Review Summary: Part VI: Democratizing harmony
25 March 1436 was a significant date in the history of Italian arts/culture - the Florence Cathedral was consecrated, completing a 140 year-long effort of design and construction. The cathedral's defining feature was its enormous dome, conceptualized as an homage to more antiquated designs and a rejection of the Gothic architecture that had sprung up across Western cathedrals since the building of Notre-Dame. With a final design created by Filippo Brunelleschi, the dome's construction alone monopolized the last 40 years of the project, and to this date it is still the largest brick dome ever built. Symbolically, it stood as an intentional centering of Florence on the world stage, a prophetic statement given the city's status as center of the Renaissance movement.
Perhaps surprisingly, the person chosen to write a piece of music specifically for this consecration was not a native Florentine, but an import from the north of France. Guillaume Dufay (5 August 1397 - 27 November 1474) was an accomplished chorister, studying music in France before moving to Italy in his early 20s, where he eventually entered the service of the Papal Choir. The papacy was an unstable position at this time, with the Pope often having to leave for different cities due to rebellions or other political tensions with the community at large. Dufay, evidently the dutiful type, first followed Pope Eugene IV from Bologna to Rome, then escaped to Savoy where he found other employment for a time, and finally rejoined the Papal Choir in Florence.
Dufay's composition for the consecration, "Nuper rosarum flores" (English: "recently garlands of roses [were delivered]"), is demonstrative of the compositional style that he would continue to explore for decades afterwards. The piece is a four-part motet, and in some ways it does harken back to the medieval motets and polyphonic compositions that composers like his fellow Guillaume, de Machaut, had popularized - it contains numerous isorhythmic moments, particularly in the triplum (in this case, highest) voice that glides briskly over a trio of much slower-moving lower parts. But Dufay only allows these moments to be just that: moments. Broadly speaking, the piece is elegant and stately, employing a different way of approaching harmonic motion altogether than the stark contrast of isorhythms.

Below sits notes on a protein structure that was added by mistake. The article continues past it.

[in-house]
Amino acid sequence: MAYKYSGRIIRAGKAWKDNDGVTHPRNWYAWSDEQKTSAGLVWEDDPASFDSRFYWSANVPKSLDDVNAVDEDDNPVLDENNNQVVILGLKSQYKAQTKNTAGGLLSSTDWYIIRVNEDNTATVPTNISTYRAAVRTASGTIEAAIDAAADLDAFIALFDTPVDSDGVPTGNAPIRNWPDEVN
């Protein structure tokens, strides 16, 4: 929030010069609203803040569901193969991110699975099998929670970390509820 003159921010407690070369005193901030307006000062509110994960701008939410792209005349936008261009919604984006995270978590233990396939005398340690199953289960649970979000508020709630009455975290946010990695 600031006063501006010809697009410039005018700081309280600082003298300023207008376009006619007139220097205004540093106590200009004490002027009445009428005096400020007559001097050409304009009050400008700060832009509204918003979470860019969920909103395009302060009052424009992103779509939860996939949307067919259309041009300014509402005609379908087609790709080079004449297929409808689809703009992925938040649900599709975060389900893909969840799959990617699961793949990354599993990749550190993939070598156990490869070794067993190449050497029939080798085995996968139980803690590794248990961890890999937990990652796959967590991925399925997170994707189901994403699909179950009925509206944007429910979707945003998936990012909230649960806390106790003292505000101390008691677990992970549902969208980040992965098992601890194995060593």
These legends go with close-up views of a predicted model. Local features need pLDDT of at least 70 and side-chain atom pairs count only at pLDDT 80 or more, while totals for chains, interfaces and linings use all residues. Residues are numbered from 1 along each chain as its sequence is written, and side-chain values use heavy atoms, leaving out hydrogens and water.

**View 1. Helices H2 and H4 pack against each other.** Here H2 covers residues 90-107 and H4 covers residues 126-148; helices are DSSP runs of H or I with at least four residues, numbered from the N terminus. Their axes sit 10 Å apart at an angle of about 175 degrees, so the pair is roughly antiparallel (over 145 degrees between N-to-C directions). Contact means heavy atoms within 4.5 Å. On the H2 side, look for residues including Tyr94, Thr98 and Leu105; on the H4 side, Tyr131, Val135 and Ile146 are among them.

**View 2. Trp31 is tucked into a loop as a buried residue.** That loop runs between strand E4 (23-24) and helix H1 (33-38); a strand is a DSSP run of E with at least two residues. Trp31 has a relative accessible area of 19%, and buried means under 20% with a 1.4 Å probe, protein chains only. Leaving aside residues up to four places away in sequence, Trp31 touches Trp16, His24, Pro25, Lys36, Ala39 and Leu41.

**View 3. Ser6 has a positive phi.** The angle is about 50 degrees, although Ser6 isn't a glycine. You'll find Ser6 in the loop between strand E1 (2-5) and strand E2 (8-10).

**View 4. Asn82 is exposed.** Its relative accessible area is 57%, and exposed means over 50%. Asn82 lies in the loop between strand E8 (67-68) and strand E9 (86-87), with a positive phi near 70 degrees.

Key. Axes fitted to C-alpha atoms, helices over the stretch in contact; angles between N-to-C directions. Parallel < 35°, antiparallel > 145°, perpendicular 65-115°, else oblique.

The term "counterpoint" emerges from the Roman phrase "punctus contra punctum" (English: "note against note"). As a philosophy of polyphonic writing, it essentially dictates that the composer should not only be thinking in terms of harmonies, but also about the movement of individual melodic lines in those harmonies. In a nutshell, counterpoint asks this question of a composer: how can one write the most interesting, beautiful melodic lines possible for each polyphonic part while still preserving harmonic cohesion? Counterpoint was neither named nor popularly used in the time of Dufay, but the seeds were being sown in the works of contemporary composers like John Dunstable, whose works were spreading around western Europe and receiving notoriety for their acceptance of previously-forbidden intervals like thirds and sixths. Including such intervals allowed for much greater melodic possibilities in these polyphonic pieces, and Dufay evidently saw this potential for what it was - perhaps that is why "Nuper rosarum flores" ends not on an open fifth (as was common for the day), but on a minor triad.
Returning to the motet, then: while not a cut-and-dry example of counterpoint, a certain difference between this piece and earlier polyphonic compositions is in the strength of each harmonic line relative to each other. None of the four parts feel like secondary embellishments to a central predominant melody; if anything, each part seems to have the primary melody line at various times. Hierarchy is obscured in this music, and if Dufay was thinking in these terms on any level when he wrote "Nuper rosarum flores" (which he almost certainly was - musicologists have unpacked a lot of symbolism in Dufay's music, this piece in particular), he achieved the desired effect in spades.
Dufay's oeuvre spans almost 50 years in all, and indeed some of his most interesting work comes after 1436, such as a mass setting he arranged based off a song he'd composed early in his career, "Se la face ay pale" ("if my face seems pale"). Yet "Nuper rosarum flores" holds a place of pride in his catalog and in Western music history because of the change it symbolizes. Artistry reflects society, after all, and the democratization of knowledge and expression that the Renaissance would embody has some connections not just in the circumstances of the piece's composition, but in the piece's nature itself. And indeed, perhaps that is why Renaissance music has kept its place in popular culture considerably better-maintained than its predecessors from even a mere century prior. It still speaks to the condition of the Western world, the foundations of what made people like myself (and presumably many others reading this) learn to think in the way we do.
The Hilliard Ensemble (1994): https://open.spotify.com/track/440OY4xfu31CbBgeg8Zubq?si=P3iO7cMCT9ux3lqrSzEnIA&a mp;utm_source=copy-link&dl_branch=1